pip install qiskit-terra
pip install qiskit-aer
pip install qiskit-ignis
Download only what you want to constrain resource usage. All modules integrate smoothly thanks to shared design paradigms when installed simultaneously.
Configure Environment Variables
You can optionally customize aspects like compilation parallelism for your system by exporting environment variables before installation:
Now let’s look at how to supercharge Qiskit accessibility by leveraging virtual environments.
Setting Up a Qiskit Virtual Environment (Optional)
Python virtual environments enable isolating project dependencies from one another and your global Python install. This keeps everything tidy while giving the flexibility to try new packages safely. We’ll cover how to set one up to streamline your Qiskit experience.
Install VirtualEnv Tool
The most popular solution for virtual environments remains the aptly named VirtualEnv package. Install it via pip globally:
pip install virtualenv
This provides the virtualenv terminal command for subsequent steps.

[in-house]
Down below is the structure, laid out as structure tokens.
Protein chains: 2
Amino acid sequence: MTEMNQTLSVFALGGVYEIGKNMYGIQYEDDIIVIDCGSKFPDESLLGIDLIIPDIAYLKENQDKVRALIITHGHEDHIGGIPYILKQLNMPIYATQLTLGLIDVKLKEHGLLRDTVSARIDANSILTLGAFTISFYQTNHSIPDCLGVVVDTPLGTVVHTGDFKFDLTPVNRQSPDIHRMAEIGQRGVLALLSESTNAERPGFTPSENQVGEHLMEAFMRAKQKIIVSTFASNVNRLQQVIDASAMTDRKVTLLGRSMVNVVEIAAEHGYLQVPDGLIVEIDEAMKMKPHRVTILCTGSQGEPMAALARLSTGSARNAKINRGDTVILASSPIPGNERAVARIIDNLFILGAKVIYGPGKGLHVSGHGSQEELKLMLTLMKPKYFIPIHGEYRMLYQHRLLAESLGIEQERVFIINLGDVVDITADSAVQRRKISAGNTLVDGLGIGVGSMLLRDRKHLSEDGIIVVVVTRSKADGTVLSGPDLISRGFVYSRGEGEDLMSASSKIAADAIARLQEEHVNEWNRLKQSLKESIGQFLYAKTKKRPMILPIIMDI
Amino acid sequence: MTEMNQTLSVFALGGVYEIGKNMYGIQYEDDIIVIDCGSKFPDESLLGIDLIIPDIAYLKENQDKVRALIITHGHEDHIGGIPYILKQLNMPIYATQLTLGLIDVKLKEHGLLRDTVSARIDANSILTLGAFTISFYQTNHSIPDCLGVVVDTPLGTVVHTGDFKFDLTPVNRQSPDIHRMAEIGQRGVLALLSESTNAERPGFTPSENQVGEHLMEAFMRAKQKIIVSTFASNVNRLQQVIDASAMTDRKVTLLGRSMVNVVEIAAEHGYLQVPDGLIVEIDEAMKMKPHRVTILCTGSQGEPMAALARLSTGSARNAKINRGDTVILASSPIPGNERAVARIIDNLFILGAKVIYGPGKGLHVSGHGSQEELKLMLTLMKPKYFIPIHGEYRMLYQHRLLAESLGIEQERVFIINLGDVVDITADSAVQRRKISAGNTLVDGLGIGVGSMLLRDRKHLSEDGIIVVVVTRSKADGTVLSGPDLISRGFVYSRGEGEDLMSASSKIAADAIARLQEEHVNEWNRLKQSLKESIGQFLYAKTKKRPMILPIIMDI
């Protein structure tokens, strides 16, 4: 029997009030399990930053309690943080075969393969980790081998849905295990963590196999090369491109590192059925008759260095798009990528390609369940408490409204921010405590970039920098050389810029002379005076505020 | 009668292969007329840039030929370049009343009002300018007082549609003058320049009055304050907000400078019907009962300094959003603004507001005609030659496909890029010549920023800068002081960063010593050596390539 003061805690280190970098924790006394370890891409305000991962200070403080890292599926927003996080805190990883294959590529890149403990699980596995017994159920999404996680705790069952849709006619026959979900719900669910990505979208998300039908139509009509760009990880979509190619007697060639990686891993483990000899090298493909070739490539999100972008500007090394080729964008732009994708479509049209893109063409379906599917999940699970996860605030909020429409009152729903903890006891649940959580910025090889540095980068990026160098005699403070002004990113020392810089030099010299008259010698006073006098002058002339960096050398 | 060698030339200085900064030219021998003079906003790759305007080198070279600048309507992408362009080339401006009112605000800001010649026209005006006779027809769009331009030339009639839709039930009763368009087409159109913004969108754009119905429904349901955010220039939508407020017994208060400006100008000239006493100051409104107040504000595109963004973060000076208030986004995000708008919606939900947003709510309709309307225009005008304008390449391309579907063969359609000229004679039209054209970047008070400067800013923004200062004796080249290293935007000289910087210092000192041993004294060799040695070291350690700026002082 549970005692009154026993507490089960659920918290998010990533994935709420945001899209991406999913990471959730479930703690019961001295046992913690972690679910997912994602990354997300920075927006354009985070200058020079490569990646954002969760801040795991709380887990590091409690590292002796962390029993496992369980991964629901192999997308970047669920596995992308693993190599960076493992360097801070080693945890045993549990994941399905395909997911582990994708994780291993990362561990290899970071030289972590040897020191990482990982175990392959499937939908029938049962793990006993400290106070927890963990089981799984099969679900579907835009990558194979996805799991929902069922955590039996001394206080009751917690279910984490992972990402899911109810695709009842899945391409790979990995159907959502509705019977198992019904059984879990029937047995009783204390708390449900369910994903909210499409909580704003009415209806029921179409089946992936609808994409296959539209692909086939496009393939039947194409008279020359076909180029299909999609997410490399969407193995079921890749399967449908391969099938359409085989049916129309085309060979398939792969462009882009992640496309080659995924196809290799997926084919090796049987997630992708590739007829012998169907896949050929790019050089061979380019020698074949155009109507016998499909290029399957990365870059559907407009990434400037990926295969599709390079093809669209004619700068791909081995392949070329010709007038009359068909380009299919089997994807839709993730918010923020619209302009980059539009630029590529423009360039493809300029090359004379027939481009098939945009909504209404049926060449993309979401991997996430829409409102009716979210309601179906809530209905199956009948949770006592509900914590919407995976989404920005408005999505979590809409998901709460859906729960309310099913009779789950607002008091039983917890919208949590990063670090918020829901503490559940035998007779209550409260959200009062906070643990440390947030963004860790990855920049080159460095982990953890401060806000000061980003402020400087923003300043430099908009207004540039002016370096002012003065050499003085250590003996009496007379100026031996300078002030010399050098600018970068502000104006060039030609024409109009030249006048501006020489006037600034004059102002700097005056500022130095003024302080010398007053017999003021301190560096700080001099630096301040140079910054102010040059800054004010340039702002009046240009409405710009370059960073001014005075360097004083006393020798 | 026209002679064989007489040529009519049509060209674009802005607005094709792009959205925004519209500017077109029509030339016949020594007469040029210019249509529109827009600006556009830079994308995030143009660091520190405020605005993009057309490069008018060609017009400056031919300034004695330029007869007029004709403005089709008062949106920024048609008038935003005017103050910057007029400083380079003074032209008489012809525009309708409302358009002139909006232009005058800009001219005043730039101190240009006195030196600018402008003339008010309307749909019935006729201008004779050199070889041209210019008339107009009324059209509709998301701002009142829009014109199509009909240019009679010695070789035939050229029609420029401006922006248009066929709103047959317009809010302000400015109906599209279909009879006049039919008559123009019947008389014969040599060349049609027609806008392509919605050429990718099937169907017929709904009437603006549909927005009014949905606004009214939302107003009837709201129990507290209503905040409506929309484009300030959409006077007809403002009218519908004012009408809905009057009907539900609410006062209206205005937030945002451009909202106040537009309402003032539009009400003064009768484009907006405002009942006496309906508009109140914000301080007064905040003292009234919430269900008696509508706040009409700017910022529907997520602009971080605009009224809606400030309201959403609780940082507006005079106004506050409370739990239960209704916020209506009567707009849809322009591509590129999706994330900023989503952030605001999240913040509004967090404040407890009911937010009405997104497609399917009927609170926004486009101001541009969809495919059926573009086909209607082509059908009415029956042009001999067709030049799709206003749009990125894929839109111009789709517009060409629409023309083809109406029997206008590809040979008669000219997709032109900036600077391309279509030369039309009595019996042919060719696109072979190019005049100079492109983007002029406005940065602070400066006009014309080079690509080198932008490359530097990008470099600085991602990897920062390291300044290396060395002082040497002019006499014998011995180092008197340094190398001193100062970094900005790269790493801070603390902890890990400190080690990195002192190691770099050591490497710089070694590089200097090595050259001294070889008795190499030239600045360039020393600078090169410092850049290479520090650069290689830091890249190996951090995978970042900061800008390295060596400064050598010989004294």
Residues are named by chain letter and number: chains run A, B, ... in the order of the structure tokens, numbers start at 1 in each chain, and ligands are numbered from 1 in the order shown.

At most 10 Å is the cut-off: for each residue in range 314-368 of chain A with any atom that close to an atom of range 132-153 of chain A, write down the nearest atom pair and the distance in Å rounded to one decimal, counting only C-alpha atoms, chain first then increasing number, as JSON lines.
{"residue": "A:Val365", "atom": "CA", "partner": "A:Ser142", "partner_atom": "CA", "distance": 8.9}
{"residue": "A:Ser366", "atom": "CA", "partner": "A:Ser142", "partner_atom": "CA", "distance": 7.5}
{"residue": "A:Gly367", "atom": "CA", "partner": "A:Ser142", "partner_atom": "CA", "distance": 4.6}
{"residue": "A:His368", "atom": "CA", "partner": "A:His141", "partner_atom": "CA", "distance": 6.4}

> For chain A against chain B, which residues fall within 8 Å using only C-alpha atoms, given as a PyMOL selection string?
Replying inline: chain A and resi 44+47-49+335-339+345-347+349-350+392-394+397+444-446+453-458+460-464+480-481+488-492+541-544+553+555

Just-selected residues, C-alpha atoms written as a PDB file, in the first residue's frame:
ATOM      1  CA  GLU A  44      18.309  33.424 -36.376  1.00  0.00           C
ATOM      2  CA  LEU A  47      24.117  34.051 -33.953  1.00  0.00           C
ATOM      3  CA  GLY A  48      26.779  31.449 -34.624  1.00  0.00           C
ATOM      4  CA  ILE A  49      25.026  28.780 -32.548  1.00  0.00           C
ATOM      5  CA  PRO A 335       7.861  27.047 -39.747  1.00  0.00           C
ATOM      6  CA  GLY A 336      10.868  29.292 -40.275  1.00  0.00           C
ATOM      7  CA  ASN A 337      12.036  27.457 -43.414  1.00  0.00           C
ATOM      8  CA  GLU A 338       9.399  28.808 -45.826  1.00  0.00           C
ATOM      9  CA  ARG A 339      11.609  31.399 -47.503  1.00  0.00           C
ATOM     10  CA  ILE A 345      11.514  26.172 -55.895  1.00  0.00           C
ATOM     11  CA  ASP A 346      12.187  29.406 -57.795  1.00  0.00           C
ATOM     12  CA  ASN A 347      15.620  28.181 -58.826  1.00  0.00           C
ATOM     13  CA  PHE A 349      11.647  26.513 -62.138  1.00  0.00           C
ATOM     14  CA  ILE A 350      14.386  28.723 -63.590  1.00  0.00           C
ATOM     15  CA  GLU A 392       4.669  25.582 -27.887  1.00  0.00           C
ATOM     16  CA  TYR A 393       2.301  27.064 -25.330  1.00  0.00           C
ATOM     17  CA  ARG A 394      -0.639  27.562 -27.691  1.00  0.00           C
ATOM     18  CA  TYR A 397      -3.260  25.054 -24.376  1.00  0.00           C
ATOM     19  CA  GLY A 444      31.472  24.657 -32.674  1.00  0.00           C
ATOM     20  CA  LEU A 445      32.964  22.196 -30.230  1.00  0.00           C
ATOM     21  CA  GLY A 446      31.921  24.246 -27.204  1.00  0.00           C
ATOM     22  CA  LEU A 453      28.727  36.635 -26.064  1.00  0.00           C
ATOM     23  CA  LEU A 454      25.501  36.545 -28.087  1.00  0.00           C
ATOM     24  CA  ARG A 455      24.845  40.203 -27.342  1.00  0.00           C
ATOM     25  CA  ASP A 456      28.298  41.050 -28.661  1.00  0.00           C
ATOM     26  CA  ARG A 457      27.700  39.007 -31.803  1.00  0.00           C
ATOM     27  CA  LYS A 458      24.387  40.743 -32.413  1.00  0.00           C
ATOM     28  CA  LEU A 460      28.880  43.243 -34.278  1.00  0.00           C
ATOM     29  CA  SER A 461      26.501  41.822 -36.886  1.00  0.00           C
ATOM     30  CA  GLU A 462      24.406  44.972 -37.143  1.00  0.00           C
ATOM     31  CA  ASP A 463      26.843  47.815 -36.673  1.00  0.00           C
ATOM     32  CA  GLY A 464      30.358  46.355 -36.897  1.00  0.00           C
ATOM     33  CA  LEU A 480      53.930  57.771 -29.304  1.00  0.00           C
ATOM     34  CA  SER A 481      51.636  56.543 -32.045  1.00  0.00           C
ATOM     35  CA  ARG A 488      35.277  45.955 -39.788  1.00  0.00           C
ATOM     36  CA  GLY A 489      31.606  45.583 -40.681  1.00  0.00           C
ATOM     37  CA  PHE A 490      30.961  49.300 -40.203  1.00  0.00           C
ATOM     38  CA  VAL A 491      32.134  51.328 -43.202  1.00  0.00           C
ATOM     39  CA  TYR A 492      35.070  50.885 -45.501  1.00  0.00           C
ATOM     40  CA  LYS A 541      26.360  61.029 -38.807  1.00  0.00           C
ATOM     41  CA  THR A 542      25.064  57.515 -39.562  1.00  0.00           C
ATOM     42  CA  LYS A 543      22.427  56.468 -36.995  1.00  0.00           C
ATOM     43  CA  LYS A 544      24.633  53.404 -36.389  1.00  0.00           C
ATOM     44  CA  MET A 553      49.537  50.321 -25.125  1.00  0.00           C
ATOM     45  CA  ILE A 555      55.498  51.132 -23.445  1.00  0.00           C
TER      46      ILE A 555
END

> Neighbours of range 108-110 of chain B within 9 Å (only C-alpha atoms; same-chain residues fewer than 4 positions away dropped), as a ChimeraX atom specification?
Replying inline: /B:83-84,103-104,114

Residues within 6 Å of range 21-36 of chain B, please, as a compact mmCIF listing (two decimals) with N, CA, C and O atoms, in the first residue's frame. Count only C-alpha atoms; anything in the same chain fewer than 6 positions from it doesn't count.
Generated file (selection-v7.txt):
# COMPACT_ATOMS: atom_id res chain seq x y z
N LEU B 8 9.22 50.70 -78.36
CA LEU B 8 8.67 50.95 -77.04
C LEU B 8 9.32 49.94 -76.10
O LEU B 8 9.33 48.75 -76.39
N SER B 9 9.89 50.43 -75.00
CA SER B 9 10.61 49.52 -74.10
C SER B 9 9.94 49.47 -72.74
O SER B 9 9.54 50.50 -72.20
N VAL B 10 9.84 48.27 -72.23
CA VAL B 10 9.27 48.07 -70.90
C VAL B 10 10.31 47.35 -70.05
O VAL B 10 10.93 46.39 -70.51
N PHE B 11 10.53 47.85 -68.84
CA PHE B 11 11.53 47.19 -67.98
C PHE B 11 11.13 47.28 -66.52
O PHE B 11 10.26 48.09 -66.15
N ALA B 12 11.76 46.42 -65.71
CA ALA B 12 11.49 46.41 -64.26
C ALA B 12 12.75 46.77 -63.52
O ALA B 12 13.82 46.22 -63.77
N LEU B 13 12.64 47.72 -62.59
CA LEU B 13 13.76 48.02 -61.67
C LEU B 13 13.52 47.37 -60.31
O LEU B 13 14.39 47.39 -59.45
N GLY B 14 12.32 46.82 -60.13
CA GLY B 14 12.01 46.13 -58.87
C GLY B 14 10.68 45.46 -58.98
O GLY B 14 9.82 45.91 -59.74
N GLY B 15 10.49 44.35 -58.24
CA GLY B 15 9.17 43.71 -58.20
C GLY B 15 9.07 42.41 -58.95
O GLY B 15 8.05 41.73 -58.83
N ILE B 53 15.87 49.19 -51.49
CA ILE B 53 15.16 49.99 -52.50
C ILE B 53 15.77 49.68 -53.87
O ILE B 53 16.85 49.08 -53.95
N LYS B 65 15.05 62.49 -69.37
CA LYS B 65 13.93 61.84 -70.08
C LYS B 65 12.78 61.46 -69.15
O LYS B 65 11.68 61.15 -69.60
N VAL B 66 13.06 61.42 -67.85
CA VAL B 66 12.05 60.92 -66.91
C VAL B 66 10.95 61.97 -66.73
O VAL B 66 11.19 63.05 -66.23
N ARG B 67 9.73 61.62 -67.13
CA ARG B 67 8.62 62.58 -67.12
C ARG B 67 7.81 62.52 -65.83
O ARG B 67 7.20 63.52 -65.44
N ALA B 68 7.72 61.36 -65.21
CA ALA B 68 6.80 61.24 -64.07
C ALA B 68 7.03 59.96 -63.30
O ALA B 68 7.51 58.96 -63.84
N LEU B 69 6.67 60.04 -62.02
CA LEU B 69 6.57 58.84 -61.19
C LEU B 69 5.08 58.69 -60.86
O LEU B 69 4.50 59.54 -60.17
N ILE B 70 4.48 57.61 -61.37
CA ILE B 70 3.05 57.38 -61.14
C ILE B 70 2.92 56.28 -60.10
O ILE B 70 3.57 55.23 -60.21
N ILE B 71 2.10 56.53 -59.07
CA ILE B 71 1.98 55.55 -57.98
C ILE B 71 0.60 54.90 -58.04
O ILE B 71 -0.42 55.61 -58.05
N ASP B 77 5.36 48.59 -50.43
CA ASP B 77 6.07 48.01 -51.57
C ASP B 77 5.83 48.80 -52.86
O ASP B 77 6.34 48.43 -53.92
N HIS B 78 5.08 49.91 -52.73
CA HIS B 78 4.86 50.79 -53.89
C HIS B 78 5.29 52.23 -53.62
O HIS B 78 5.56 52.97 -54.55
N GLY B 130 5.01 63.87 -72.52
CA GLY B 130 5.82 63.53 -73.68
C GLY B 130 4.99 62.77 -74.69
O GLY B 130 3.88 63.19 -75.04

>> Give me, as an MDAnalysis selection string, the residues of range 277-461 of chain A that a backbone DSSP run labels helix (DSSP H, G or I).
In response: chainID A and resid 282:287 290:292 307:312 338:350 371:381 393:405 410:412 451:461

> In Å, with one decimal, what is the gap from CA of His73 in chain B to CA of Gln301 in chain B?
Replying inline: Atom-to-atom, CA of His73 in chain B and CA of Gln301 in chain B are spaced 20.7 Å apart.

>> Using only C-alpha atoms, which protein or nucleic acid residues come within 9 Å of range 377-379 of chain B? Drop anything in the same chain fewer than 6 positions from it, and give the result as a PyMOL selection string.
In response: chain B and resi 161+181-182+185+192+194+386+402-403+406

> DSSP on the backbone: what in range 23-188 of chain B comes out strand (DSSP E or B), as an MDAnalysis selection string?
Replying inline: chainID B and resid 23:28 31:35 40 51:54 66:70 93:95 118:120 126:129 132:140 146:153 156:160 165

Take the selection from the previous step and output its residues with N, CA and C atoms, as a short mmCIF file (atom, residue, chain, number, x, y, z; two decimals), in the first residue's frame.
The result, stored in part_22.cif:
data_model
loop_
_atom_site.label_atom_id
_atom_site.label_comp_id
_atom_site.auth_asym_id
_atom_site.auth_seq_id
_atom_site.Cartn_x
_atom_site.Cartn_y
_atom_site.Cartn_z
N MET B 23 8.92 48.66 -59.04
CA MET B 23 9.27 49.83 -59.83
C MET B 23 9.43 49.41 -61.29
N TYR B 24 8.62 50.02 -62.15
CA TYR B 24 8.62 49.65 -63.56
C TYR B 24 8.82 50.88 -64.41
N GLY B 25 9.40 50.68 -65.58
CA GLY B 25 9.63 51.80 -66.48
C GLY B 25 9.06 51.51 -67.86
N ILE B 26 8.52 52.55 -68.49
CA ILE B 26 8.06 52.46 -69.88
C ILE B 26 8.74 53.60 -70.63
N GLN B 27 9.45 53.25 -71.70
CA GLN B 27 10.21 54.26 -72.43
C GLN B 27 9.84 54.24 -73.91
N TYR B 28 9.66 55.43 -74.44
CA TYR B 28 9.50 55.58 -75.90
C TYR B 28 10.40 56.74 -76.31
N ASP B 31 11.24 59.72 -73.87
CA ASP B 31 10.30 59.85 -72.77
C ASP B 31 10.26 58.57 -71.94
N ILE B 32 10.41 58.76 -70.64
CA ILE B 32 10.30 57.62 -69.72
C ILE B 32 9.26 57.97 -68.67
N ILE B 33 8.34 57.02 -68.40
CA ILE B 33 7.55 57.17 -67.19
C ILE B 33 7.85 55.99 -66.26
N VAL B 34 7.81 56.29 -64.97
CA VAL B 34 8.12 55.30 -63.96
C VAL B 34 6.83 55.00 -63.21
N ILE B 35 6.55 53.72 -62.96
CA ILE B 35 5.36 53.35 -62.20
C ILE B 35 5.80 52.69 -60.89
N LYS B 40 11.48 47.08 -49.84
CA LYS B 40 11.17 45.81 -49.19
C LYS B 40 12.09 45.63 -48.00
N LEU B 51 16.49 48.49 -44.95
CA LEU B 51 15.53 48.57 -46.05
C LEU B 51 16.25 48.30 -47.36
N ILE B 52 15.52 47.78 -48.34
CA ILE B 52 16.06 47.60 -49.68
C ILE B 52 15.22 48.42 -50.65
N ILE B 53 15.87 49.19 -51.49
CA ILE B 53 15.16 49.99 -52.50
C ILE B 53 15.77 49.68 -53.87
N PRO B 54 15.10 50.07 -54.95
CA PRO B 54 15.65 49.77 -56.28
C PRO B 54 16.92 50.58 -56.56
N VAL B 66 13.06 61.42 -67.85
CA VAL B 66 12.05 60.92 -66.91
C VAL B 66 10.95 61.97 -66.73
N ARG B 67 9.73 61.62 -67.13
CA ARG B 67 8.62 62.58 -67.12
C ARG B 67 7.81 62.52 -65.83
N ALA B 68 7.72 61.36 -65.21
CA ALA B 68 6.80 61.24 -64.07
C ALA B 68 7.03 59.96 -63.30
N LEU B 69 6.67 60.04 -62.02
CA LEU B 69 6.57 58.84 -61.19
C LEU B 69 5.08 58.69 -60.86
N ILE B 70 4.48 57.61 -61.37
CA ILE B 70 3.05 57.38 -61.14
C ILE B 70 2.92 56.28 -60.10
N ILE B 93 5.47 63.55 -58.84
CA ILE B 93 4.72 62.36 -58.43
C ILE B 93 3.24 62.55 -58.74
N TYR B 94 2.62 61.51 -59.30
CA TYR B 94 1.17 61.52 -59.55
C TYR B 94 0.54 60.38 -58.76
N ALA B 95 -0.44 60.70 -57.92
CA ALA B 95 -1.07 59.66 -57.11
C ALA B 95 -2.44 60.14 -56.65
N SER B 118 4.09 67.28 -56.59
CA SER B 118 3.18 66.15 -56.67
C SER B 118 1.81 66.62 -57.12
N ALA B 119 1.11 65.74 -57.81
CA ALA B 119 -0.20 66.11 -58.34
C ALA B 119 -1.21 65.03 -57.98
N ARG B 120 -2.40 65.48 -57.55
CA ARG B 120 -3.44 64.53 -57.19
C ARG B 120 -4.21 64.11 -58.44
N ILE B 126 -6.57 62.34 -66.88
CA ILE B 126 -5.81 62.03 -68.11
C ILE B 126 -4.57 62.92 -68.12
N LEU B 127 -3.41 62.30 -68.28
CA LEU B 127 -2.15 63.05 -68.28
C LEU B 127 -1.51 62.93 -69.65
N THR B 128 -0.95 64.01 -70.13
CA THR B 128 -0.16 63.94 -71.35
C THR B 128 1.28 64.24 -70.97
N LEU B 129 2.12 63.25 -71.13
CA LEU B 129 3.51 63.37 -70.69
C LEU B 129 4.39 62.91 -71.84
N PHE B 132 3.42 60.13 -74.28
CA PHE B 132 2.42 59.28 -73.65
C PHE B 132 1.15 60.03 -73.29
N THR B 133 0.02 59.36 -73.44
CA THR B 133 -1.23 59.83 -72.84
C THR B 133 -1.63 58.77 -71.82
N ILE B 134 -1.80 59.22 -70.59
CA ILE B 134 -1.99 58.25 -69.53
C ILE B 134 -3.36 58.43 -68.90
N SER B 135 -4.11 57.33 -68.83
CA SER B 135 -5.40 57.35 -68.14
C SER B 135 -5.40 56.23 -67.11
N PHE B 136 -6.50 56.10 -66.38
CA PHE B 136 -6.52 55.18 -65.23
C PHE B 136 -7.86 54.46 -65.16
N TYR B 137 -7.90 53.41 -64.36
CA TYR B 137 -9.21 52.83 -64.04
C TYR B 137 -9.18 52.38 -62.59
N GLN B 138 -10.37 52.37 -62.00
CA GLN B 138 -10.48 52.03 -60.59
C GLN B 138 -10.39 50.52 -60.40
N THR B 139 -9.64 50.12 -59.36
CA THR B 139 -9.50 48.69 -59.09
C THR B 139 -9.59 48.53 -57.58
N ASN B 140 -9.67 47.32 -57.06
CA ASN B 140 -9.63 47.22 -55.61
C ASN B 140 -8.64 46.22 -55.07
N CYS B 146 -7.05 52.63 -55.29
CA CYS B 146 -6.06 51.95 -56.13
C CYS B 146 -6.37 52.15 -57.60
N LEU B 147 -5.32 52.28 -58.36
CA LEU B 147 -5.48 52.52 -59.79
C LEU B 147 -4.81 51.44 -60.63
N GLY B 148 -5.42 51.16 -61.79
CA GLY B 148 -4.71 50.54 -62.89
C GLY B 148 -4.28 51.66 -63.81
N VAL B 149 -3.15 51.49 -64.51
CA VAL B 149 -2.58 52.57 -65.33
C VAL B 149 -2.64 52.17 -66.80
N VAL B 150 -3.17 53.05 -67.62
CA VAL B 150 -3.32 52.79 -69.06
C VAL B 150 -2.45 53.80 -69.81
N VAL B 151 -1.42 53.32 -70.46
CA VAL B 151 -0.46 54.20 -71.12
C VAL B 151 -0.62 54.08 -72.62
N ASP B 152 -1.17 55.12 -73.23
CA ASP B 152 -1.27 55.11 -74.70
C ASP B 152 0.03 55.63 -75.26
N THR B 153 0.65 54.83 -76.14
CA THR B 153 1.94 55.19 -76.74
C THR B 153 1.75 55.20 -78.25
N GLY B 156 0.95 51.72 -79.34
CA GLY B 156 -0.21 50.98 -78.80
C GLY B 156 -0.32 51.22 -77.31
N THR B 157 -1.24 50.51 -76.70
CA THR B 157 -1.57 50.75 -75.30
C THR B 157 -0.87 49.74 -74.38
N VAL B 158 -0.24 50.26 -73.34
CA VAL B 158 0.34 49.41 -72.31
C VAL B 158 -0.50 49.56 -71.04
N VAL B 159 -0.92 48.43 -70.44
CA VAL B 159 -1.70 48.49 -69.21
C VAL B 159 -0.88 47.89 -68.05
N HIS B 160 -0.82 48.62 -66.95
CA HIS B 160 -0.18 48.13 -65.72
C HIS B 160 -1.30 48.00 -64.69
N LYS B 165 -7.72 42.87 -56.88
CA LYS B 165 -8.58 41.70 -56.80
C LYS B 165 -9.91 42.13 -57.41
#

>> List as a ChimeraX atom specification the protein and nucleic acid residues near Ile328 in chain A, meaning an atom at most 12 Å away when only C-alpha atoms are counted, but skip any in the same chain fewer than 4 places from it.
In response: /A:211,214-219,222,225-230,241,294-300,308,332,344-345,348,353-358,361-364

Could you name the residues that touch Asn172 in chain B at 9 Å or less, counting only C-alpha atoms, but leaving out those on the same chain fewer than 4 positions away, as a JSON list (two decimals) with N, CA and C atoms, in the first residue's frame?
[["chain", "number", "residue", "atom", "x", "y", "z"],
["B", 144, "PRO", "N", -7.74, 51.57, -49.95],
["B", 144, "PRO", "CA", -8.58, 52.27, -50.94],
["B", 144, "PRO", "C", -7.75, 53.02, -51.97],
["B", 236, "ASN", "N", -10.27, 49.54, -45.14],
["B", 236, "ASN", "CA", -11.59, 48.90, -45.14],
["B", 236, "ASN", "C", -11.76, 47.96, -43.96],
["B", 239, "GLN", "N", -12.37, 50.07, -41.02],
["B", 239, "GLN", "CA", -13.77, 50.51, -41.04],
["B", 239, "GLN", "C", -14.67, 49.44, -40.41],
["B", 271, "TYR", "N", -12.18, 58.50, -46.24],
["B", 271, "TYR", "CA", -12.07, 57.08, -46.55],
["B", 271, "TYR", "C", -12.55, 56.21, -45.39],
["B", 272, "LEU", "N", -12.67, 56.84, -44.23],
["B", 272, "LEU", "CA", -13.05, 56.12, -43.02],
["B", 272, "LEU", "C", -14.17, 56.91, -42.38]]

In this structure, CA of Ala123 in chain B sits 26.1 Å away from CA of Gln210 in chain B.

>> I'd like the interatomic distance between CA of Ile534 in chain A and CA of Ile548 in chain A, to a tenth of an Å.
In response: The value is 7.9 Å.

Create a New Virtual Environment
Navigate to your desired working directory for quantum programming projects. A dedicated quantum folder is recommended.
Run the virtualenv command with a custom environment name – here we’ll use qiskitenv:
This creates a new folder qiskitenv containing an isolated Python interpreter and site libraries directory for arbitrary packages.
Activate Virtual Environment
Activate or “enter” the environment to have all Python commands target it instead of globally:
Your terminal prompt will prepend the virtual environment name reminding it is active.
Install Qiskit Within the Environment
Now simply install Qiskit as normal while the environment is active:
pip install qiskit